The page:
National Grid Reaches Deal to End New York Gas Service Moratorium, Pays $36 Million in Penalties

Democratic Governor Andrew Cuomo on Nov. 25 announced a settlement with National Grid plc to immediately lift the moratorium on gas service in Long Island, Queens and Brooklyn. The move follows Cuomo’s notification earlier this month threatening to revoke National Grid’s operating license over its inability to provide reliable supply. The utility committed to short-term supply mechanisms to meet demand for about two years, providing gas to customers who were denied service and granting pending applications. The company also agreed to pay $36 million to compensate affected customers and support energy conservation and clean energy initiatives.

National Grid will present an analysis of long-term options within three months, subject to a public review process. The analysis will consider renewable energy sources, conservation strategies, a new pipeline, liquefied natural gas facilities, compressed natural gas facilities, and interoperable systems. The Public Service Commission staff will work with the utility, communities, and elected officials to determine the best long-term option by June 2020 and ensure it is functioning in Fall 2021. As part of the deal, the state will appoint a monitor paid for by National Grid to oversee its operations and report to the state and the commission.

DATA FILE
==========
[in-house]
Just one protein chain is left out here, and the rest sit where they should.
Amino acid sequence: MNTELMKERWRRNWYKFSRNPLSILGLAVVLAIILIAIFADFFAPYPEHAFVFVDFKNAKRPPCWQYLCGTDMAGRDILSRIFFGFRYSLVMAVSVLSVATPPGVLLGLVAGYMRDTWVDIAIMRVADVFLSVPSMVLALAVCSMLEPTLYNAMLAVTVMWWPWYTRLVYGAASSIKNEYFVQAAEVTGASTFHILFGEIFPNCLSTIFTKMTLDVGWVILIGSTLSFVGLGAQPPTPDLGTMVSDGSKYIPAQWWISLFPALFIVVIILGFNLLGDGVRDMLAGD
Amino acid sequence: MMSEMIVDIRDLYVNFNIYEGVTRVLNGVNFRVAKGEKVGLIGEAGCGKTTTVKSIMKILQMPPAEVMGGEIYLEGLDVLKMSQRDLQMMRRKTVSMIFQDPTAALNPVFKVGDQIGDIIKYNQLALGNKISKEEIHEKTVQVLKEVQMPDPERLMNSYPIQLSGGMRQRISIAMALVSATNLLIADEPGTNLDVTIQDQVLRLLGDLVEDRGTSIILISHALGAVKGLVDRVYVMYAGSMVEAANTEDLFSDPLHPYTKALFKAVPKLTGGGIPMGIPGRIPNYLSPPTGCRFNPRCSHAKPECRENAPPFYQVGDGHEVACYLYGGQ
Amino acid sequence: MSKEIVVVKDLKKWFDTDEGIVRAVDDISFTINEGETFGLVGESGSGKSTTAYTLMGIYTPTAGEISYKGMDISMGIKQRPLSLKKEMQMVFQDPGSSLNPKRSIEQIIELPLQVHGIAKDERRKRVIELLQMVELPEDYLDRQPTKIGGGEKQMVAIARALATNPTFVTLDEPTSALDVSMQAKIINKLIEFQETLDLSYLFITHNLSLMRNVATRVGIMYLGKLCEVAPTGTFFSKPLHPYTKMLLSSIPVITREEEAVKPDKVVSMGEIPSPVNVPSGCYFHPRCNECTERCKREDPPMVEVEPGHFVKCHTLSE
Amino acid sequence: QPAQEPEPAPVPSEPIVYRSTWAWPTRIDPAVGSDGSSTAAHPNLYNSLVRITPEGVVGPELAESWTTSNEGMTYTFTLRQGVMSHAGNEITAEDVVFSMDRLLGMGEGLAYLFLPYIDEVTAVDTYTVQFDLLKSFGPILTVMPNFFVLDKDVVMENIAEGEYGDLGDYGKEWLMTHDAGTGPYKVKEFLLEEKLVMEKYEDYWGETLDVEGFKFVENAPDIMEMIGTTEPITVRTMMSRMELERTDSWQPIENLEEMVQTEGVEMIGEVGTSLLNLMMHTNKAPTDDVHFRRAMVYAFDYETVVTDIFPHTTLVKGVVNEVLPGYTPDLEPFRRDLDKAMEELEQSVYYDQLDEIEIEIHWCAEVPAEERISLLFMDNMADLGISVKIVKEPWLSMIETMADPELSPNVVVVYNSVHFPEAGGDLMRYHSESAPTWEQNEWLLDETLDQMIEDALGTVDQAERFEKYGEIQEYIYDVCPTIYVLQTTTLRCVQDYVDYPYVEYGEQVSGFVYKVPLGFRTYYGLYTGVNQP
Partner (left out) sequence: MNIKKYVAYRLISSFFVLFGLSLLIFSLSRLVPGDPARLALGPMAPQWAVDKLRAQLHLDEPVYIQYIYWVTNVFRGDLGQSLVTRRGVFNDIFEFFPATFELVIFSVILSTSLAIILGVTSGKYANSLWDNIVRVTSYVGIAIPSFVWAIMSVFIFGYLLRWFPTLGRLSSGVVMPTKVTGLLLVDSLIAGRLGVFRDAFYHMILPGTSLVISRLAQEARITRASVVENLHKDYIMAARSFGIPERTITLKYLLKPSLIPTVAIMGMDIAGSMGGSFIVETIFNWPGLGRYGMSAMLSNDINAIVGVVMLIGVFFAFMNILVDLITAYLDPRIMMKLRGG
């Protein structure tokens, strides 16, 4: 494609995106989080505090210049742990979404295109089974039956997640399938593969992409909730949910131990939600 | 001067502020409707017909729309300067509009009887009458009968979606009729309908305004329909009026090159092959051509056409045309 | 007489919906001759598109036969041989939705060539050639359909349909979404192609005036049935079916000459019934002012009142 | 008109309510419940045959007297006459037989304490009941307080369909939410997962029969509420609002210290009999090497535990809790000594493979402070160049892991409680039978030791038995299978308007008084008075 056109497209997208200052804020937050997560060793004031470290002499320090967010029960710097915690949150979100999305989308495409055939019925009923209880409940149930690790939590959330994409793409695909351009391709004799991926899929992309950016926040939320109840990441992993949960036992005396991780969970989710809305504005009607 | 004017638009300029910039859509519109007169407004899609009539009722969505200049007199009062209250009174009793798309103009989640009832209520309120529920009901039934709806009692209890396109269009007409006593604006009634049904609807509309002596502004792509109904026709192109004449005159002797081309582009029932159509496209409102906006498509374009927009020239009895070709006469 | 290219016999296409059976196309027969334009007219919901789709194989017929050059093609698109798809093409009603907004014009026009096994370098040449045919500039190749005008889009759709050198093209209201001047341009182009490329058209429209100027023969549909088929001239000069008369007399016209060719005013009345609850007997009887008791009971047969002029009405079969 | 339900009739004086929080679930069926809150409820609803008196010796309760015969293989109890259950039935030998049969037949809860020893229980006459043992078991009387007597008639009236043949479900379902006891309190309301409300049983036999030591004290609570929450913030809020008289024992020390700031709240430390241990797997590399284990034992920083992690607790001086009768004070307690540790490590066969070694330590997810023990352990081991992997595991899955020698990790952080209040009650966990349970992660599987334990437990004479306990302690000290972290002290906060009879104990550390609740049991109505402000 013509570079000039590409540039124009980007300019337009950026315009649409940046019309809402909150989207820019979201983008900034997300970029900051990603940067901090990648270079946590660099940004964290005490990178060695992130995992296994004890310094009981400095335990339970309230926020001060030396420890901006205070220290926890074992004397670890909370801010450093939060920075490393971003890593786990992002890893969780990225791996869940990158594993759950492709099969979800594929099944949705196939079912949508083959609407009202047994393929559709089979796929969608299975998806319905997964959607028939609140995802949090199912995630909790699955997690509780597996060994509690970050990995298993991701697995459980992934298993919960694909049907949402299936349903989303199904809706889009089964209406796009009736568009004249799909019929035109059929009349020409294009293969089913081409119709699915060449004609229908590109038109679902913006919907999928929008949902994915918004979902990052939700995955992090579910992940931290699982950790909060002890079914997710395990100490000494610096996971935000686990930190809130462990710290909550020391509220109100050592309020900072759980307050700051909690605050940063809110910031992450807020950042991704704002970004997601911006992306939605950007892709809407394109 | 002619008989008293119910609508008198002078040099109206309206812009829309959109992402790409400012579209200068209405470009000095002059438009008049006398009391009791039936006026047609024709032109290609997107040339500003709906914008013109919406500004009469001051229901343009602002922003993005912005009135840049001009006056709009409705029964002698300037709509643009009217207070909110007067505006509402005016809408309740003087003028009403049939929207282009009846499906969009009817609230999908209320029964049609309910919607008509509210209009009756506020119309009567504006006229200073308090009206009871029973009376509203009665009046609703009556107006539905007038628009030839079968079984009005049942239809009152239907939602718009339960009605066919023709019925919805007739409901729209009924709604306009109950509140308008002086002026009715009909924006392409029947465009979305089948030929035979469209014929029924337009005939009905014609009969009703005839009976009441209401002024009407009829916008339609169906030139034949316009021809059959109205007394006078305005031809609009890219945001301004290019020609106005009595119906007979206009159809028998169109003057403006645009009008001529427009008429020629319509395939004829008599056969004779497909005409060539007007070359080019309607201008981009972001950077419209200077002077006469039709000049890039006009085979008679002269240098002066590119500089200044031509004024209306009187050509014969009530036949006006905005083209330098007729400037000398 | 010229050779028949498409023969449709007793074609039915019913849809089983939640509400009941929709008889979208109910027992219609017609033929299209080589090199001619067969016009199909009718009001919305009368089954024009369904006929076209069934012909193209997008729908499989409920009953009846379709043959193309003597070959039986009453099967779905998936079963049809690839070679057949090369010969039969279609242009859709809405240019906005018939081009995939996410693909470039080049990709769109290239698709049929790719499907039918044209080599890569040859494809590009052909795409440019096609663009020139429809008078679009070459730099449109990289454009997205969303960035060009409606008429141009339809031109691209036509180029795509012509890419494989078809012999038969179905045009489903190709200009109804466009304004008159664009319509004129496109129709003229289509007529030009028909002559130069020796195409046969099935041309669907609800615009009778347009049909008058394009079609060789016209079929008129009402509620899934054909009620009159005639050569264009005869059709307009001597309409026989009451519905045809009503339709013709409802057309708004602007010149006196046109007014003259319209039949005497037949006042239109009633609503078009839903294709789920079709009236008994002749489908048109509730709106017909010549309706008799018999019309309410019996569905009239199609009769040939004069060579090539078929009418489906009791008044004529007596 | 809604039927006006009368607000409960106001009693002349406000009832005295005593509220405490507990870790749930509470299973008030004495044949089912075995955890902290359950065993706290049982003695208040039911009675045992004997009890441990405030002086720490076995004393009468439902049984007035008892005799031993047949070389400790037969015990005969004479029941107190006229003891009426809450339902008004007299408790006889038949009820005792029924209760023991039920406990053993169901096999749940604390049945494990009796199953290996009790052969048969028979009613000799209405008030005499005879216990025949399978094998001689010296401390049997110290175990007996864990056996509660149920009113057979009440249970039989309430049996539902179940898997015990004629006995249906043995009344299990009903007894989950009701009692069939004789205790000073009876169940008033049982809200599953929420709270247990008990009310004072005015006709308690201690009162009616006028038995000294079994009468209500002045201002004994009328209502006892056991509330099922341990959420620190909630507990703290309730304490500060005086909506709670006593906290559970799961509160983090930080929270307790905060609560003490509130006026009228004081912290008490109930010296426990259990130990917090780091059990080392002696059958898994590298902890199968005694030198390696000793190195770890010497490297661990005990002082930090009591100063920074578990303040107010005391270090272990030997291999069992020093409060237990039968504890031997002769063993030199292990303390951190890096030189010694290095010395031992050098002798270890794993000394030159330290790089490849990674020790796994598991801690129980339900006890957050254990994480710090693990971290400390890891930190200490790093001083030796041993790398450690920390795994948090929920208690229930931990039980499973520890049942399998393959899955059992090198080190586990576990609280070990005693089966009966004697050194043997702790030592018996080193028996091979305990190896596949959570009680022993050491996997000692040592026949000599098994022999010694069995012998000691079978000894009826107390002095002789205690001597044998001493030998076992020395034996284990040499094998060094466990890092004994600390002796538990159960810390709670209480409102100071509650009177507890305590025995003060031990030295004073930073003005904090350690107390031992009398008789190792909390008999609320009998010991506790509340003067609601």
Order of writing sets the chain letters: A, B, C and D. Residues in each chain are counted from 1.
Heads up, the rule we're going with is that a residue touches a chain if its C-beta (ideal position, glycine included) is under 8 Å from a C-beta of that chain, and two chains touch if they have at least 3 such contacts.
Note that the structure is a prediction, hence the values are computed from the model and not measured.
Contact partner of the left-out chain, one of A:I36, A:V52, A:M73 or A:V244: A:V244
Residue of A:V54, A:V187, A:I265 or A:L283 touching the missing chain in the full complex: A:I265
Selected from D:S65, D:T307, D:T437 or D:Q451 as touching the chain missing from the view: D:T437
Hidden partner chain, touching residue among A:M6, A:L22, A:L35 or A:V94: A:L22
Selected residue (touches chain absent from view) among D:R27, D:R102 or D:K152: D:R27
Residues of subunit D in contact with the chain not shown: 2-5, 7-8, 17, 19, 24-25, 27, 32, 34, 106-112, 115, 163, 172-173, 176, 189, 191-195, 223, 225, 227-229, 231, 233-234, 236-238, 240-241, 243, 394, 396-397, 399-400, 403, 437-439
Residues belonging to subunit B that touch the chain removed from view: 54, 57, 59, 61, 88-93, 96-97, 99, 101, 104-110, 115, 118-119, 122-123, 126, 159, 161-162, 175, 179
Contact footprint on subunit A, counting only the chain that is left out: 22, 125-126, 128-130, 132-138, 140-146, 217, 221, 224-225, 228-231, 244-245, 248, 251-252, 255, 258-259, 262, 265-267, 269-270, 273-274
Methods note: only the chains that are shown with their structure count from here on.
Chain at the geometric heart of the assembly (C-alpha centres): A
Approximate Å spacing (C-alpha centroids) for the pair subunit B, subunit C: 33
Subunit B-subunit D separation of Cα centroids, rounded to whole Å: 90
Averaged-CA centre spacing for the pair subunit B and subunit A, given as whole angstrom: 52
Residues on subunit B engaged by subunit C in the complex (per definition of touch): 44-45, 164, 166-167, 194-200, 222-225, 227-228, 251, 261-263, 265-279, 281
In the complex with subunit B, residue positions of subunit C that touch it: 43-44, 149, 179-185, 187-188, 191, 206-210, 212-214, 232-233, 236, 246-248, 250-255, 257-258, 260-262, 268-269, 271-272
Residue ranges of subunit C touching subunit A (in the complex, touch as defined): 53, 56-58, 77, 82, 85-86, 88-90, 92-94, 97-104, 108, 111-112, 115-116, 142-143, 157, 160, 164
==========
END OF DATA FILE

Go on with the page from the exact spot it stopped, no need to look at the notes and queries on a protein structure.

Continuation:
The company imposed the moratorium in May following the New York State Department of Environmental Conservation’s decision to deny a water permit for Williams Co.’s Northeast Supply Enhancement project, which would provide service to the utility.

The Nov. 12 notification gave National Grid two weeks to respond with remedial actions to address the moratorium. The company “was grossly negligent in relying exclusively on the speculative construction of a private pipeline” to meet the demands or “deliberately defrauded” customers to force approval of a pipeline to further its business interests at the cost of the consumer, according to the notice.

The agreement serves to resolve a penalty proceeding initiated in October, so the commission will not proceed with cancellation of the utility’s franchisee license if the agreement is satisfied. There are two more open show cause orders pending against National Grid that must be resolved.